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What is a GMO and Why Should You Care?

What is a GMO and Why Should You Care?

Did you know that over 70% of foods in your grocery store contain Genetically Modified (GM) ingredients? The most common foods that are genetically modified, or “engineered,” include corn, soy, canola, sugar beet, and cottonseed oil, which can be found as ingredients in almost all non-organic packaged foods, and even in the food in most restaurants.

Additionally, the vast majority of GM corn and soybeans are grown to feed livestock—meaning the GMOs are incorporated into animal tissue and ingested at a much higher rate by humans than if we ate the corn or soybeans directly.

So, unless you eat organic all the time, without food labeling, you will inevitably participate in the great Genetic Modification experiment being perpetuated on us all, whether we like it or not.

What is a GMO Anyway?

There’s a lot of confusion about what is a genetically modified (GMO) food, and biotech companies like it that way. Let’s clear things up right now.

Humans have been manipulating, modifying and, yes, you could say “engineering” crops for as long as we have been doing agriculture. For the first 9,800 years (or so) that we have been farming, we did genetic modification by observing plants that had traits we liked (taste, color, size, drought resistance, pest resistance, etc.), and selecting and saving their seeds to plant for ourselves under protected conditions.

By careful selection and cultivation over the millennia, humans “engineered” corn, wheat, tomatoes, apples, and almost all of the foods we eat today from tiny, barely edible, wild predecessors.

Farming as we know it is a product of genetic manipulation.

Just in the last century or so, we started using specialized tools and controlled settings like greenhouses to get around the difficulties and randomness of wild selection and open-air pollination. Hence, hybrid seed breeding was born.

While hybrids (crosses between related but genetically different plants) occur in Nature all the time, they are often random mutations that don’t necessarily benefit the plant—or other species like us that might eat them. But in modern hybrid seed production, the crosses between genetic material are specific and controlled.

The advantage of growing hybrid seed compared to inbred, open-pollinated lines comes from the ability to cross the genetic materials of two different, but related plants to produce new, desirable traits that can’t be produced through inbreeding two of the same plants. Most of today’s livestock and companion animals were created through crossing different breeds to create hybrids—from Guernsey cows to hairless cats to the Labra-Doodle!

Although hybrid seeds cannot be saved since their offspring will not have predictable traits (which creates problems for subsistence farmers), a whole new world of food crops became available as a result of hybridization, including Canola, sweet corn, canteloupes, seedless watermelons, “burpless” cucumbers, as well as tangelos, clementines, apriums, pluots and other unique foods.

In fact, in addition to edible novelties, today’s high-tech forms of hybridization are helping us breed all sorts of drought and pest tolerant plants that are helping us survive and adapt to a changing climate.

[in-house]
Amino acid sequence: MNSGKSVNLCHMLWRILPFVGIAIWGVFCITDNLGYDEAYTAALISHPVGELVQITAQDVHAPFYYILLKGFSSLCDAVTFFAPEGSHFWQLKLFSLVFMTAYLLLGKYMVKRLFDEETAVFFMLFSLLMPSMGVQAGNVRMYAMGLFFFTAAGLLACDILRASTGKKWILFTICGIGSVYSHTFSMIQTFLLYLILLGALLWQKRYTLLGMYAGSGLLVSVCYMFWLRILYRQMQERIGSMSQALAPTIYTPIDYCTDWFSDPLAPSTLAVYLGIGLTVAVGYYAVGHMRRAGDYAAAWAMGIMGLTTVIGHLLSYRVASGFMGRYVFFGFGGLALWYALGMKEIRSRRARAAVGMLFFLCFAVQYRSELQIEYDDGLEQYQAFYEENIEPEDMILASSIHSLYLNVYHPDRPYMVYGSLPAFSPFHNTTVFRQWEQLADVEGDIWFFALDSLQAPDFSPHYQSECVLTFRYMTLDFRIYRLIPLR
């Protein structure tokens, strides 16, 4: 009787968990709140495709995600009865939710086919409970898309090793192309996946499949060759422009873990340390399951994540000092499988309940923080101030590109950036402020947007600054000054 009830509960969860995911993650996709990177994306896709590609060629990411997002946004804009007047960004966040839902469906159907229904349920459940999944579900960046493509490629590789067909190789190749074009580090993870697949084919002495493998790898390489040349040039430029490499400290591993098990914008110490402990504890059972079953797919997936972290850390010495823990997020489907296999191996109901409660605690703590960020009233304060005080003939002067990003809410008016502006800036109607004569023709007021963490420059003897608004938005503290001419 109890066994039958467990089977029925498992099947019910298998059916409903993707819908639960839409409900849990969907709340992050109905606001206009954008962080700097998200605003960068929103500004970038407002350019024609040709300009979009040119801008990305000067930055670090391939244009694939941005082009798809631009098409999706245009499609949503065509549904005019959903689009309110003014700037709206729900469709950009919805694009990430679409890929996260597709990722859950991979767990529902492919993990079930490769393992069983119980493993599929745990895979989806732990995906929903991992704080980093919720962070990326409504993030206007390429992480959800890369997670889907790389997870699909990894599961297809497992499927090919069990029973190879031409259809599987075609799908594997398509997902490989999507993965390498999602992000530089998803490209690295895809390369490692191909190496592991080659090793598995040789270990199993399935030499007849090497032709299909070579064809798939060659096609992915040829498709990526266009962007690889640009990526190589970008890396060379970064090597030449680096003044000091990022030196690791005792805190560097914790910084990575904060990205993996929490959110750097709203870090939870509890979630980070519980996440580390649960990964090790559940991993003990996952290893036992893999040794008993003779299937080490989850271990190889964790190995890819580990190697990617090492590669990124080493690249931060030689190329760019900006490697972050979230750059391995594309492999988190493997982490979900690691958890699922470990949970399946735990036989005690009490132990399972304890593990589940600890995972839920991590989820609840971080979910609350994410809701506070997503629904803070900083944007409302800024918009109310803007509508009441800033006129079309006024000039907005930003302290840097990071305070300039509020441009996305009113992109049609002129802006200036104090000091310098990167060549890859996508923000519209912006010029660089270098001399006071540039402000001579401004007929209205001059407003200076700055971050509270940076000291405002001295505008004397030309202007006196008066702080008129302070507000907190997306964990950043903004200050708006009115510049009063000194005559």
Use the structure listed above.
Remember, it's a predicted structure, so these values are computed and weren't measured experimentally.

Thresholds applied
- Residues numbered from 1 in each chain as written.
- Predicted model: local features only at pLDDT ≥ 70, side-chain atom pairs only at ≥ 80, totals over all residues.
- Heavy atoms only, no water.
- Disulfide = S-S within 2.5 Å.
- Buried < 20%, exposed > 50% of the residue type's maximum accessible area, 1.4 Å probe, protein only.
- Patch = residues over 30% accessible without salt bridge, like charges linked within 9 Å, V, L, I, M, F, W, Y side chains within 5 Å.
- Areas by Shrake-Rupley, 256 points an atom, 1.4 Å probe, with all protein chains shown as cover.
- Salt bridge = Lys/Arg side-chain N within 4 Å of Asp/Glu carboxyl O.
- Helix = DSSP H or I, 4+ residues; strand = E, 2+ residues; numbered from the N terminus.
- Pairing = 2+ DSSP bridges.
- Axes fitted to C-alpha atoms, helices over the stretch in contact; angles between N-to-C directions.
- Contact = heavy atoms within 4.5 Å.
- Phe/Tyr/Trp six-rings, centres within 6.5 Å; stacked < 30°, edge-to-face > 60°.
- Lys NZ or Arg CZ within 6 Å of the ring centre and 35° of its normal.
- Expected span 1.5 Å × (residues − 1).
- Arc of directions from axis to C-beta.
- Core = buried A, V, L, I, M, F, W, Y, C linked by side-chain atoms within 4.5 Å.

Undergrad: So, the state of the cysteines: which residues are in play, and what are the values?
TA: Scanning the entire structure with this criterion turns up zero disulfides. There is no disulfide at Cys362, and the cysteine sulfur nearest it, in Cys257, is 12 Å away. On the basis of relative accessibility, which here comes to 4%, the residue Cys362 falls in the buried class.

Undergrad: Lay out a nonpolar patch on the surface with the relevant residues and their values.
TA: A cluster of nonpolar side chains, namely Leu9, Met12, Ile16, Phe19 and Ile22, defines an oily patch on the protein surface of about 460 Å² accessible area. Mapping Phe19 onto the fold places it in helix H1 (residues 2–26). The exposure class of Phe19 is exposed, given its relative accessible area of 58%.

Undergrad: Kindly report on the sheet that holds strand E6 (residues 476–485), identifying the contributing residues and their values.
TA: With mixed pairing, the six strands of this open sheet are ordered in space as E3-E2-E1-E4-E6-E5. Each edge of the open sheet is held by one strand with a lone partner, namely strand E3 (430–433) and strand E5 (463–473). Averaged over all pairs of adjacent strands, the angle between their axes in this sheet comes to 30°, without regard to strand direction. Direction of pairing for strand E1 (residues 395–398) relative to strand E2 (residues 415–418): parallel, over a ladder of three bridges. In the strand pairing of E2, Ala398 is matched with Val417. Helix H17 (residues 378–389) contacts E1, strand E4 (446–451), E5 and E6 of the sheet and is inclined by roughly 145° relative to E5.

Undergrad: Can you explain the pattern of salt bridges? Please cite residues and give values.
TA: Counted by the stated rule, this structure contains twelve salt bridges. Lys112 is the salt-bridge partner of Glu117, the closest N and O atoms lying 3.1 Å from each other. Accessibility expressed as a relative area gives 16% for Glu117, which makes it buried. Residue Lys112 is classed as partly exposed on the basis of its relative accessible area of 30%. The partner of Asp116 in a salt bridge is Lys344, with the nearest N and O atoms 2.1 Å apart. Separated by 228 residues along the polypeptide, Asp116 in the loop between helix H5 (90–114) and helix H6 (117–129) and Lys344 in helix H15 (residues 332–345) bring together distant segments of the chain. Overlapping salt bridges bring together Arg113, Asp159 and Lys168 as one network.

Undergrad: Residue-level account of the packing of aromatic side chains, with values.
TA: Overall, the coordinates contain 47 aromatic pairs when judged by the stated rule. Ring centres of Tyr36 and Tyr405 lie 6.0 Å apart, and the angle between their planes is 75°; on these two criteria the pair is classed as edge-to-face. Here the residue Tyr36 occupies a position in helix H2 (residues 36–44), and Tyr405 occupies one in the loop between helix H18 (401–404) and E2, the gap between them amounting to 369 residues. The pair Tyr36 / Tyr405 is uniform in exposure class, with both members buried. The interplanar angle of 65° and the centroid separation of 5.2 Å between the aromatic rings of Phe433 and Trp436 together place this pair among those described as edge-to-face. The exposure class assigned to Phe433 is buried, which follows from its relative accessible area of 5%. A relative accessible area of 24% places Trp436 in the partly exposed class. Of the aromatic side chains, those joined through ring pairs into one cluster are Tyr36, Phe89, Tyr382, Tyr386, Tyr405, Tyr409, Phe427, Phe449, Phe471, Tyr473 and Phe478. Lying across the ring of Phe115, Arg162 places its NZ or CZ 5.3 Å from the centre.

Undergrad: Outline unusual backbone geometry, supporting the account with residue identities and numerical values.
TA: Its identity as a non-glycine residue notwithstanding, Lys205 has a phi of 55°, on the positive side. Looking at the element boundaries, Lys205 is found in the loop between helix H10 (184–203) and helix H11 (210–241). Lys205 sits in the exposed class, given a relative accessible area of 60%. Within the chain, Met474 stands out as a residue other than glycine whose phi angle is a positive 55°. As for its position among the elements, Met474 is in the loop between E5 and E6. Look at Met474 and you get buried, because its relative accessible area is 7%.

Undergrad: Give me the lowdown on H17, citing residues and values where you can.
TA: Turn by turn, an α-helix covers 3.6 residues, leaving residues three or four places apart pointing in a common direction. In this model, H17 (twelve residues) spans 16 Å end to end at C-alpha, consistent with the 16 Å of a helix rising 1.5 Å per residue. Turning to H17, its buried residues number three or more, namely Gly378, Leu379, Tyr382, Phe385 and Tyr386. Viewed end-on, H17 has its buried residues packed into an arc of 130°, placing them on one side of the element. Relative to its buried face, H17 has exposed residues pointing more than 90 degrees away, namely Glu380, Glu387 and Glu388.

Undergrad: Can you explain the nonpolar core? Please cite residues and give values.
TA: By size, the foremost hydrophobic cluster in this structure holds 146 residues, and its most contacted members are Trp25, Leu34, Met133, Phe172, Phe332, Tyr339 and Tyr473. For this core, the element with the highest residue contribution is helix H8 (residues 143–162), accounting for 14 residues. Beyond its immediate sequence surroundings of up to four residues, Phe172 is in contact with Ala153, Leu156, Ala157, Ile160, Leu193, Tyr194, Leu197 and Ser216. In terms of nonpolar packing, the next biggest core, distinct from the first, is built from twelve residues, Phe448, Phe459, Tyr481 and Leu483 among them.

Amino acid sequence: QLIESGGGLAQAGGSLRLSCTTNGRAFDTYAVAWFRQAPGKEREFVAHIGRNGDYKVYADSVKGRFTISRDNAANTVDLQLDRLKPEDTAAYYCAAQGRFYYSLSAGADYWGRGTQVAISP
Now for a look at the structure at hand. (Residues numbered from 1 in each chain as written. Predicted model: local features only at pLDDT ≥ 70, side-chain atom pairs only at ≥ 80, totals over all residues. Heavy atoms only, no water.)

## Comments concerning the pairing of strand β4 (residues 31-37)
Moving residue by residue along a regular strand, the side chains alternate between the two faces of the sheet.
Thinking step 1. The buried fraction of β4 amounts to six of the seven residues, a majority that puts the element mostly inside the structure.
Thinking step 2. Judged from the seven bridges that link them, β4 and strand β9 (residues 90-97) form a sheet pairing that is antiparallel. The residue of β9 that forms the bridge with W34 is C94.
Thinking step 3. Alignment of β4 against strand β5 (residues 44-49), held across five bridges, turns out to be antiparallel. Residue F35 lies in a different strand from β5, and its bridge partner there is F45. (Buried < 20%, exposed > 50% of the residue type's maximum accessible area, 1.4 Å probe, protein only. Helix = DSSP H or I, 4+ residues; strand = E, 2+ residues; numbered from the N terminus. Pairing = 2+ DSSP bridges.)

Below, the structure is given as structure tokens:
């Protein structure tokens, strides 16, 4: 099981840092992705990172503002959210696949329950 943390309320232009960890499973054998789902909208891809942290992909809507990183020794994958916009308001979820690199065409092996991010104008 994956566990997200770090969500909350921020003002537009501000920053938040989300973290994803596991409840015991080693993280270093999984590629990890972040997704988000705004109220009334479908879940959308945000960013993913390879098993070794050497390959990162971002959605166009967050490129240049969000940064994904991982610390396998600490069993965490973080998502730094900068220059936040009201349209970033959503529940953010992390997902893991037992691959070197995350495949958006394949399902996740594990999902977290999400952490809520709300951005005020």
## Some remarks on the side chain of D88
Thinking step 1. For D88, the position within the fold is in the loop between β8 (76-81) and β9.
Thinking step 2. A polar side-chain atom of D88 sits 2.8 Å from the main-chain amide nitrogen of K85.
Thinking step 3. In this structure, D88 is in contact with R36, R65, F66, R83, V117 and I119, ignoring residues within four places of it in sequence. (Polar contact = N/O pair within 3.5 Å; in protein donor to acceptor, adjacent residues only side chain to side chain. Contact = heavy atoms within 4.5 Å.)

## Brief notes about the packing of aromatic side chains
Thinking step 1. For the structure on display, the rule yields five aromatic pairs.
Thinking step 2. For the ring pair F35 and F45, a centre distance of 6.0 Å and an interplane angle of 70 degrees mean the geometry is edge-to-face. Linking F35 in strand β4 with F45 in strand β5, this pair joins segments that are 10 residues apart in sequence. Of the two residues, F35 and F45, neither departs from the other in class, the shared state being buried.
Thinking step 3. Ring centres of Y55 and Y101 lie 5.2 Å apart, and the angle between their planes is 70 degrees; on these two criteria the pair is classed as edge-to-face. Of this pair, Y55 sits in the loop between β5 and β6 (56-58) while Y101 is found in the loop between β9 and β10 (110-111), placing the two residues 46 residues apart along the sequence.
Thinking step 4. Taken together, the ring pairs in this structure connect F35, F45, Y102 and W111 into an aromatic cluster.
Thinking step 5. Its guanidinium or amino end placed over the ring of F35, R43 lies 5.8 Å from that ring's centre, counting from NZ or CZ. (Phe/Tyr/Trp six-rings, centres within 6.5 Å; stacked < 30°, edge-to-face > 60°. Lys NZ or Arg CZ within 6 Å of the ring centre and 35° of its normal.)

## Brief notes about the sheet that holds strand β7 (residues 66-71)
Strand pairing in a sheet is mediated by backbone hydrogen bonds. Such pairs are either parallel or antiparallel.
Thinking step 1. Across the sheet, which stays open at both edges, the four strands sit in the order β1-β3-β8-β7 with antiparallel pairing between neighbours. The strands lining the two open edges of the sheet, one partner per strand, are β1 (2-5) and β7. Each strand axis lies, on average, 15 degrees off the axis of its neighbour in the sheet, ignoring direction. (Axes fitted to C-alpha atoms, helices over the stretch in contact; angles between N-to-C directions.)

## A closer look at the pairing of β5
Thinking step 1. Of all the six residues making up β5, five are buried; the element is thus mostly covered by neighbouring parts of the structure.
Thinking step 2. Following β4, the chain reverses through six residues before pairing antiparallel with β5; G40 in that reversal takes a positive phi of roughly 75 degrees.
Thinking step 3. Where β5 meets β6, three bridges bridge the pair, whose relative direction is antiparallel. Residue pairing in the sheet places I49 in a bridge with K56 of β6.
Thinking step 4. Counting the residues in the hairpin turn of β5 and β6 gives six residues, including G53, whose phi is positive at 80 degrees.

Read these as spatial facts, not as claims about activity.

“GMO” is NOT Selective Breeding

The term GM foods, GE foods or GMOs (genetically-modified organisms) is most commonly used to refer to crop plants created using the latest molecular biology techniques. However, modern Genetically Modified crops are nothing like open-pollinated, heirloom varieties or even high-tech, hybridized seeds. In both open-pollinated and hybrid seeds, we have always been breeding crops that were genetically able to breed, like two types of pear, or two varieties of squash, or two breeds of dog.

Unlike seed selection or hybridization, GMO technology allows us to “play God” in a way that even Mother Nature hasn’t dared. With sophisticated lab techniques, we can now manipulate and combine the DNA of species that could never, ever breed in nature—like fish and tomatoes, or bacteria and corn.

Combining genes from different organisms is known as recombinant DNA technology, and the resulting organism is said to be “genetically modified,” “genetically engineered,” or “transgenic.”

When people call something “GMO”, they are specifically referring to a patented plant created using recombinant DNA technology.

With GM techniques, we can grow rice that contains pharmaceutical drugs in every cell of the plant, we can grow soy and corn that can survive gallons of toxic chemicals dumped on it, and we can force cows to produce twice as much milk as they were ever meant to, requiring widespread use of antibiotics to deal with udder infections.

Notice a theme here? None of it is to grow food in a healthy, natural or sustainable way. All of it is to foster more use of chemicals and drugs.

What a brave new world. Just because we can doesn’t mean that we should.

GMO crops are truly Franken-foods, and have no precedent in nature. Some people believe GMOs are Abominations. Whatever you believe, don’t believe for one second that GM crops are anything like other forms of seed manipulation or hybridization. Only GMO crops cross the species barrier, making them the biggest ecological experiment ever conducted on the planet.

Related: The Difference Between Open Pollinated Seeds, Hybrids and GMOs

Why Should You Care?

On May 19, 2009, the American Academy Of Environmental Medicine called for an immediate moratorium on Genetically Modified Foods (GMOs), stating that “GM foods pose a serious health risk.” Citing several animal studies, the AAEM concluded: